The background

The main reason for the fine was the infringement of the GDPR’s fairness principle in relation to the processing of personal data of children between the ages of 13 and 17 (“Child Users”). The authority has found that the personal data processing by using the Registration Pop-Up and Video Posting Pop-Up did not comply with the GDPR.

According to the authority, TikTok implemented dark patterns, during the registration process, by presetting accounts to be public-by-default at registration, and the opt-out option to make them private was deceptive. TikTok also failed to properly explain in a way that Child Users could understand that, when making a public account, their personal data would be visible to anyone, including registered and unregistered users as well.

In connection to the Video Posting Pop-Up, similar problem has been found. This pop up enables users to change the video’s privacy settings before posting. During the investigation, it was found that the data controller made it difficult for the users to adjust their privacy settings and limit the processing, making it more likely for users to post videos with their pre-set settings.

Furthermore, the age verification measures implemented by TikTok, in order to filter and block the registration of persons under the age of 13, who are prohibited to use the application, were also investigated. The established process is designed to make the registration process cease and block the user from the app, even after re-installing it, if their age was under 13. However, the individuals had not been informed, that they are blocked because of their age. 

The procedure of EDPB

While the draft decision of the Irish Data Protection Authority found that the pop-ups’ practice has infringed the right to information under the GDPR. However, in the view of the German Data Protection Authority, which was also concerned in this case, the practice also infringed the principle of lawful and fair processing. The draft decision has been submitted to the European Data Protection Board (“EDPB”) in order to resolve the question.

As a result of the investigation, the EDPB concluded that the pop-ups described above have infringed the principle of fairness. This principle means that personal data shall be processed lawfully, fairly and in a transparent manner in relation to the data subject. In connection to this case, the EDPB published a binding decision with a direction that the Irish Data Protection Authority must amend its draft decision to include a new finding of infringement of the Article 5(1)(a) GDPR principle of fairness. In this binding decision, the EDPB echoes a provision made in the past on the elements of this principle.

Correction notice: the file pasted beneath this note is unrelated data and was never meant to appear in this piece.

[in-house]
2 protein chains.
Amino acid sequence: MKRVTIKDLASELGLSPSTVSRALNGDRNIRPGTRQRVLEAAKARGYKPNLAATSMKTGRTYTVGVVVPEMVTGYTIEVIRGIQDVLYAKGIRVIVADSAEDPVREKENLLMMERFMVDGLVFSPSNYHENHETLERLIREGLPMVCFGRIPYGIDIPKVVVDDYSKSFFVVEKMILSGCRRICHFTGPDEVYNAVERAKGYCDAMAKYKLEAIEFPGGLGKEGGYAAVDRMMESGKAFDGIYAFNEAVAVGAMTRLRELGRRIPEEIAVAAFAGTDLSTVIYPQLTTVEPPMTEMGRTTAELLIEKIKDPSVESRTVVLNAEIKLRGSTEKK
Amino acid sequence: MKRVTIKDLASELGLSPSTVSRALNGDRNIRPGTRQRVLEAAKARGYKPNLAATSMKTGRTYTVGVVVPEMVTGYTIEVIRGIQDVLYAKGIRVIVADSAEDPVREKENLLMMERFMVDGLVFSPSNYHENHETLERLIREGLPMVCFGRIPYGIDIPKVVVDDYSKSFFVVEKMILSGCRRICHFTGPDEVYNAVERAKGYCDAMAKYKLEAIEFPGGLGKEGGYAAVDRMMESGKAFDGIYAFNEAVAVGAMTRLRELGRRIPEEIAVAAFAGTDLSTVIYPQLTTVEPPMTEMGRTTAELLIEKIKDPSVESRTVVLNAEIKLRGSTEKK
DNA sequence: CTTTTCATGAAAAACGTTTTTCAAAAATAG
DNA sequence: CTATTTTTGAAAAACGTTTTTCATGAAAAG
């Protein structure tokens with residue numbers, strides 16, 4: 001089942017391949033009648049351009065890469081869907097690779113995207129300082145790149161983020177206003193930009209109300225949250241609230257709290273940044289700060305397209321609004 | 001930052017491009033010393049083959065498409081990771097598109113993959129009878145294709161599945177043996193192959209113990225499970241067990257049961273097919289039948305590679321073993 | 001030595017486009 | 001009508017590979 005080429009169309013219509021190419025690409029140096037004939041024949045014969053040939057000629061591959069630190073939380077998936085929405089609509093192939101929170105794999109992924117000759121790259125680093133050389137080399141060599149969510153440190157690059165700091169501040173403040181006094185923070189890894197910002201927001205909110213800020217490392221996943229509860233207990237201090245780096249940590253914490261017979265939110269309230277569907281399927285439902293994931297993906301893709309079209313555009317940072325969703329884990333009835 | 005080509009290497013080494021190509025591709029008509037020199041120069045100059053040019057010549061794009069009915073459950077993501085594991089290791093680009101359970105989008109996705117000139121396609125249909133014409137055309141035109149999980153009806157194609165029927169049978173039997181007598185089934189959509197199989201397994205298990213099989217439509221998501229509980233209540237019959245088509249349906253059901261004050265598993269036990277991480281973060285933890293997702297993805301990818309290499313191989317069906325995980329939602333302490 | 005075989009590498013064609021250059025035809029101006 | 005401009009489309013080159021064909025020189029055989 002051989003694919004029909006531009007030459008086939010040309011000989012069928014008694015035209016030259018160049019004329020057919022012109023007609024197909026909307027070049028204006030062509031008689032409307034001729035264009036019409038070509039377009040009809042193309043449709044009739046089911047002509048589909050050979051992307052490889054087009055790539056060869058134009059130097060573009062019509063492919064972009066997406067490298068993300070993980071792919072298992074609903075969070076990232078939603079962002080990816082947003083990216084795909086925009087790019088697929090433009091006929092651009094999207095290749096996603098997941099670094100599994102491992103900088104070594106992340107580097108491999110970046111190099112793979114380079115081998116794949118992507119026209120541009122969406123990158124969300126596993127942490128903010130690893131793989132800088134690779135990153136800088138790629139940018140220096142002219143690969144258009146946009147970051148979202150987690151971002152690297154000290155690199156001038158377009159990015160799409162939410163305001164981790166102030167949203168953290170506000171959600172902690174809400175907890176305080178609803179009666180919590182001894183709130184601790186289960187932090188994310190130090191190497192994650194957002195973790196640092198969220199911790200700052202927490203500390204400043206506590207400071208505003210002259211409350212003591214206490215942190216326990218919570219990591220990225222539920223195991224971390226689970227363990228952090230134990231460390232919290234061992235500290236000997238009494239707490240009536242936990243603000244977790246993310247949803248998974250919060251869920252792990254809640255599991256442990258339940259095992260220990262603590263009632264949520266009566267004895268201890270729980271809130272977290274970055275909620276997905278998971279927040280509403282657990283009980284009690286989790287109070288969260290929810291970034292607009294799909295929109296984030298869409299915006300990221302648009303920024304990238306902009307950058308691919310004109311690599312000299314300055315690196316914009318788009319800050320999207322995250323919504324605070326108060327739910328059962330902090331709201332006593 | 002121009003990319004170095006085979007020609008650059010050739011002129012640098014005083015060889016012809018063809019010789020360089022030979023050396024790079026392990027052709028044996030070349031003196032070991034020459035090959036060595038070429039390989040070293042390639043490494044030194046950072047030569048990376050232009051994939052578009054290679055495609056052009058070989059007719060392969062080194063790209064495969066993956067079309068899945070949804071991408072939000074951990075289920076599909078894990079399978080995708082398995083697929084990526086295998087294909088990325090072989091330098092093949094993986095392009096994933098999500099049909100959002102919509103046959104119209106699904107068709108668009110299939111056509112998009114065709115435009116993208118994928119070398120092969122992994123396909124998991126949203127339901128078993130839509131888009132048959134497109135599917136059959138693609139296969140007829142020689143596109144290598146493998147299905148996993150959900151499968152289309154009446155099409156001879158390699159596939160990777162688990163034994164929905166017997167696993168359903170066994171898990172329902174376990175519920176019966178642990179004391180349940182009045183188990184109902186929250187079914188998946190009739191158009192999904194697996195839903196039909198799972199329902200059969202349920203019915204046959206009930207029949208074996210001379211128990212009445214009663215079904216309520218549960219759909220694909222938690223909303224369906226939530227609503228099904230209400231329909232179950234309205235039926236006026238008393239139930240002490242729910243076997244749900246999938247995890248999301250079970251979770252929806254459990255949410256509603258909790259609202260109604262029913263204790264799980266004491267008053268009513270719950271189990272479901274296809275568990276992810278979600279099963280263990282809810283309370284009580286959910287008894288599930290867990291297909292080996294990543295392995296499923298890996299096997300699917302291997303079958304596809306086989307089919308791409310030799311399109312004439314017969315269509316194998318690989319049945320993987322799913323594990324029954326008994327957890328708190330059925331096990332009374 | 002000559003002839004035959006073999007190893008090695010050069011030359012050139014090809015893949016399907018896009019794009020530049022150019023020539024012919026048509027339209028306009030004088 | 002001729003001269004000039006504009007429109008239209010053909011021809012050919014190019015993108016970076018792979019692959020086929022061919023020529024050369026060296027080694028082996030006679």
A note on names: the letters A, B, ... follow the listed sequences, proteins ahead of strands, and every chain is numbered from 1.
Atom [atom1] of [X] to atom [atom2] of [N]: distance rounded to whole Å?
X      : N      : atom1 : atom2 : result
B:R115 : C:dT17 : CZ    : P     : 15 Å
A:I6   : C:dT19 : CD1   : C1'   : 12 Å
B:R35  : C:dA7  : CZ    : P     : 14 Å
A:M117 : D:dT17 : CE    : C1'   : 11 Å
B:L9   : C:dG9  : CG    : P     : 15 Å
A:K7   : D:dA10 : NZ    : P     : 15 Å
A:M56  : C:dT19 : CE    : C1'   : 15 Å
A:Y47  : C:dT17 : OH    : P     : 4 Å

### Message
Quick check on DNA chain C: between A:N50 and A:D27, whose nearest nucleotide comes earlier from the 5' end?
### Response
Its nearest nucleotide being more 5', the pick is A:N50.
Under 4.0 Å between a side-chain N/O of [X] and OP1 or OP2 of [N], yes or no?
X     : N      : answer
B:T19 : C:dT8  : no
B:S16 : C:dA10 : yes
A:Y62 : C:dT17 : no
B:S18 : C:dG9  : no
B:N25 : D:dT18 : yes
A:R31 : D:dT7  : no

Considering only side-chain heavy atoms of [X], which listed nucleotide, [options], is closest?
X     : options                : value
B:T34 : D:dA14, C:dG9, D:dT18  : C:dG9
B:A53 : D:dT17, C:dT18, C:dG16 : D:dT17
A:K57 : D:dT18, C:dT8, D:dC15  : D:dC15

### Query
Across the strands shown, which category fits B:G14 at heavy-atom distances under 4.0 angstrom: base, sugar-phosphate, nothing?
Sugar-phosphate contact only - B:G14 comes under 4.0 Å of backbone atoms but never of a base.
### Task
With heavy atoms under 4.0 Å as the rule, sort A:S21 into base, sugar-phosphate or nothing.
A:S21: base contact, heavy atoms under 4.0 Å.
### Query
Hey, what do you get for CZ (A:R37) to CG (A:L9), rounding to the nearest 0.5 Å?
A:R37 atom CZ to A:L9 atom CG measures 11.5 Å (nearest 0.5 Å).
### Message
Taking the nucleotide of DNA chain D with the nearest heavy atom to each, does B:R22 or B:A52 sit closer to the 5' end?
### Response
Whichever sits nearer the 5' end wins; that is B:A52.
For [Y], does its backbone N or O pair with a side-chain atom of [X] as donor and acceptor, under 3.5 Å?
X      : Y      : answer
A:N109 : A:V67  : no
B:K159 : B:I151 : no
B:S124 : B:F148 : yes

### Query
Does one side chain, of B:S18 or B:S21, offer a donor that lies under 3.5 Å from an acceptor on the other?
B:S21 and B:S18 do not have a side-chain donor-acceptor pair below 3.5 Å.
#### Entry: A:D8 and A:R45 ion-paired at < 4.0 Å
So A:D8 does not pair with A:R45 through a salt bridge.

According to that provision, fairness is an overarching principle which requires that personal data should not be processed in a way that is unjustifiably detrimental, unlawfully discriminatory, unexpected or misleading to the data subject. Additionally, the same institution had previously stated in first place, that the principle of fairness includes, inter alia, recognising the reasonable expectations of the data subjects, considering possible adverse consequences processing may have on them, and having regard to the relationship and potential effects of imbalance between them and the controller.

Therefore, based on the findings of the EDPB, it has agreed, that the principle of fairness has been infringed by the pop-ups, which by taking advantage from the existing imbalance between the company and the Child Users, nudged the users towards choosing more privacy-intrusive options. In the EDPB’s words “Making it harder for data subjects to make a choice in favour of the protection of their personal data”. This led the Child Users to make decisions against their privacy.

What will happen now?

The decision of the Irish Data Protection Authority not only imposed a significant fine on TikTok, but also ordered the company to make its practice compliant with the data protection requirements within 3 months. However, TikTok has the right of an effective remedy against the decision.